The Italian quality control study for evaluation of CD4 cells in centres involved in the treatment of HIV-1 patients

F. Pandolfi, C. Alario, E. Girardi, L. Rava', G. Ippolito, A. Kunkl, F. Aiuti, F. Dammacco, F. Silvestris, A. Facchini, S. Del Giacco, V. Arangino, P. Manconi, S. Romagnani, M. G. Giudizi, R. Biagiotti, M. P. Terranova, M. Moroni, M. Galli, A. LazzarinL. Soldini, G. Semenzato, R. Zambello, R. Sancetta, V. Tiracchia

Research output: Contribution to journalArticlepeer-review


We report on the experience of establishing a national network for a quality control programme in evaluating CD4 cell counts in most Italian centres involved in the care of patients with HIV disease. The 68 centres were divided according to their geographical location into eight groups, and twice a year (tests A and B) they received three coded whole blood samples (two were replicates of the same sample) obtained from two informed HIV+ patients, one with CD4 counts/mm3 expected to be <200 and one with values > 300. The medians of the determinations performed by the labs involved in each of the eight areas were taken as the 'true' values for each sample. Unsatisfactory performances for percentage of CD4 cells were identified as a CD4 analysis with residual values ≤ ± 5% and with deviates ≤ ± 2. For absolute numbers of CD4 cells, an unsatisfactory performance was defined as CD4 counts with residual > ± 100 CD4 cells/mm3 and with deviates ≤ ± 2. The residual value is the CD4 value reported by each lab minus the median value. The deviate is the residual divided by the modified interquartile range (IQR x 0.75). Most of the centres provided reliable results. However, some labs failed to provide satisfactory results for percentages (6.25% of the tested labs for test A and 6.17% for test B) or absolute numbers (16.25% test A and 12.34% test B). Only 3-7% of the labs gave unsatisfactory results in both tests. Four of the unsatisfactory results from the two tests gave an error in absolute numbers > ± 200 CD4 cells/mm3. Our data suggest that most Italian labs provide reliable results in evaluating the numbers of CD4 cells in HIV-1+ samples, but the importance of running a quality control programme is highlighted by our experience with those centres which provide unsatisfactory data which may lead to incorrect classification of the patients or assessment of treatment.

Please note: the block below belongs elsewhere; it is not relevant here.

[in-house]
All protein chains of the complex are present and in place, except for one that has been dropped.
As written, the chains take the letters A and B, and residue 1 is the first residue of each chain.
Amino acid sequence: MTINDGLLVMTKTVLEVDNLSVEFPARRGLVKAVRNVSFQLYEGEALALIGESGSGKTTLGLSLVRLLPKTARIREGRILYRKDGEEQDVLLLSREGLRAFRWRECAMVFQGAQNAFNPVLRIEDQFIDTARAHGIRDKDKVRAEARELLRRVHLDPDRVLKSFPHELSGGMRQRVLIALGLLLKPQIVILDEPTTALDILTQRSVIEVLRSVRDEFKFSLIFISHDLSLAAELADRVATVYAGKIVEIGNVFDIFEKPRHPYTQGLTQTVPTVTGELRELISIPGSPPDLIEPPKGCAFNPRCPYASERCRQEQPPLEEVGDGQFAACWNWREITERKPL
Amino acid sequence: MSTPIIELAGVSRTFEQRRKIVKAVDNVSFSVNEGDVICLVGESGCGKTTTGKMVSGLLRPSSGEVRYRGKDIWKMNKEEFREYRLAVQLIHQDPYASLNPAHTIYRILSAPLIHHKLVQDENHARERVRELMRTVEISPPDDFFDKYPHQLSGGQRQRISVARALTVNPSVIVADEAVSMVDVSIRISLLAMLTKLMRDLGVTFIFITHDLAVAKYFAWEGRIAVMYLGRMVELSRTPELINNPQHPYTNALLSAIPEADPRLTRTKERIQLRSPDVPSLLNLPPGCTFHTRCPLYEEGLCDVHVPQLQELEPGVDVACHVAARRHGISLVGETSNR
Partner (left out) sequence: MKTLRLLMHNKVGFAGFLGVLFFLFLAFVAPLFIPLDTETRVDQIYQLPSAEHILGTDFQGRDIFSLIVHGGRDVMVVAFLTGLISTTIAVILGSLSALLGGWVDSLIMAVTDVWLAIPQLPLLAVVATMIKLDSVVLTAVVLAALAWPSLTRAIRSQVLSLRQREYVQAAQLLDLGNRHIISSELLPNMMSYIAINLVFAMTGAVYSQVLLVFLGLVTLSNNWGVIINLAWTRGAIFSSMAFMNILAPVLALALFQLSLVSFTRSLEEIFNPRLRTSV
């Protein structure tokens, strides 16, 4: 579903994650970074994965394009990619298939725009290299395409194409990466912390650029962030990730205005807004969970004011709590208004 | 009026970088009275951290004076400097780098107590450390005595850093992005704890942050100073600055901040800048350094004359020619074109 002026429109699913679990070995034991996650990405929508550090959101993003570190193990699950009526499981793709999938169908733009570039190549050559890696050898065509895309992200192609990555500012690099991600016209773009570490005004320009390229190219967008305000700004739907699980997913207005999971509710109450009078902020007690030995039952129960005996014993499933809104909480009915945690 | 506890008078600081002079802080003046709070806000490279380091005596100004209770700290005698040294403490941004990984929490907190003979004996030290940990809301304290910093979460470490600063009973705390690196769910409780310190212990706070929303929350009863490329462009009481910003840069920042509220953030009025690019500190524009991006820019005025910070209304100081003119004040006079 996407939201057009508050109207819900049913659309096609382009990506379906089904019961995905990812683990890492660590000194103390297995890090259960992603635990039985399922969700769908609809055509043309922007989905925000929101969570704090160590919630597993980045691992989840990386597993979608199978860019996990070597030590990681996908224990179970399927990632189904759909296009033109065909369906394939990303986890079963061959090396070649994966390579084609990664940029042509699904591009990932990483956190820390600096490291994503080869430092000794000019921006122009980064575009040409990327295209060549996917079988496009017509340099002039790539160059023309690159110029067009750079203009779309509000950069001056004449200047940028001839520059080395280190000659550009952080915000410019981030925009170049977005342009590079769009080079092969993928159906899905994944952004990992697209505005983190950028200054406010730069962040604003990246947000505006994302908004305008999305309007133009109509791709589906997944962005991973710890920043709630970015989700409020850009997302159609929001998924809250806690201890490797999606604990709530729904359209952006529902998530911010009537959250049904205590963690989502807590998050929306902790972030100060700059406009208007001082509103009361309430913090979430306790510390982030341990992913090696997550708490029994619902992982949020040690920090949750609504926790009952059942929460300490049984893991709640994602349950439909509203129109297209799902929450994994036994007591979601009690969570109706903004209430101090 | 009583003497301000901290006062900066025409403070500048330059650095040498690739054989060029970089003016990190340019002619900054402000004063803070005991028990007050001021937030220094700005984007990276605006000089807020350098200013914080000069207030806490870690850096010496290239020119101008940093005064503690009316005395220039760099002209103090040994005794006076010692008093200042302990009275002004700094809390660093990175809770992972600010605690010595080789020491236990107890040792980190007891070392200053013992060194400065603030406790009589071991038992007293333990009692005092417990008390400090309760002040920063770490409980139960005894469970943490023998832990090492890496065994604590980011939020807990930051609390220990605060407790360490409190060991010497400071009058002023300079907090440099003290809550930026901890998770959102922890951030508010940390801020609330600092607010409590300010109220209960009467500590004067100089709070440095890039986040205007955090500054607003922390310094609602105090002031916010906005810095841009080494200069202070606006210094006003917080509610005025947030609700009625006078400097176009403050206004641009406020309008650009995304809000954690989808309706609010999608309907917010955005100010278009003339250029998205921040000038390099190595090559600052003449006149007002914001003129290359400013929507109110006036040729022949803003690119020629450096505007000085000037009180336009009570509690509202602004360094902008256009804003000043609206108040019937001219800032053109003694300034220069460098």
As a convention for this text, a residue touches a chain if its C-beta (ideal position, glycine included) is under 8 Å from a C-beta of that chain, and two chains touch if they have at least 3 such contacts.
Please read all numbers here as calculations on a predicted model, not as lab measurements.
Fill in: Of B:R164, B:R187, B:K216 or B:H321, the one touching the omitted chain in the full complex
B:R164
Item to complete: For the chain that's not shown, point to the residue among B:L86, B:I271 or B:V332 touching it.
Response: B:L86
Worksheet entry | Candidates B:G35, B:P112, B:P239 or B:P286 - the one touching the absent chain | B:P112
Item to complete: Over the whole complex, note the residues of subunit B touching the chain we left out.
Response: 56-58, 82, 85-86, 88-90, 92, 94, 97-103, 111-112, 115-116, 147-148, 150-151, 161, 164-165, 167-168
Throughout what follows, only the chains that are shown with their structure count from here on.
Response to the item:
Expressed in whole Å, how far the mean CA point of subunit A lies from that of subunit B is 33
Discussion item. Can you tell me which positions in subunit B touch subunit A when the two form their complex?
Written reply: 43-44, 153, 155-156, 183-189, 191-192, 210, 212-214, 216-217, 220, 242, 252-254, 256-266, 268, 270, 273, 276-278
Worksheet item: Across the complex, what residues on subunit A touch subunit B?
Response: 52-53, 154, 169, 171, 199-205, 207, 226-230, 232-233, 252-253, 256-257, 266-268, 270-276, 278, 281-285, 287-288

Original languageEnglish
Pages (from-to)564-573
Number of pages10
JournalClinical and Experimental Immunology
Issue number3
Publication statusPublished - 1998


  • CD4
  • HIV-1
  • Quality control

ASJC Scopus subject areas

  • Immunology


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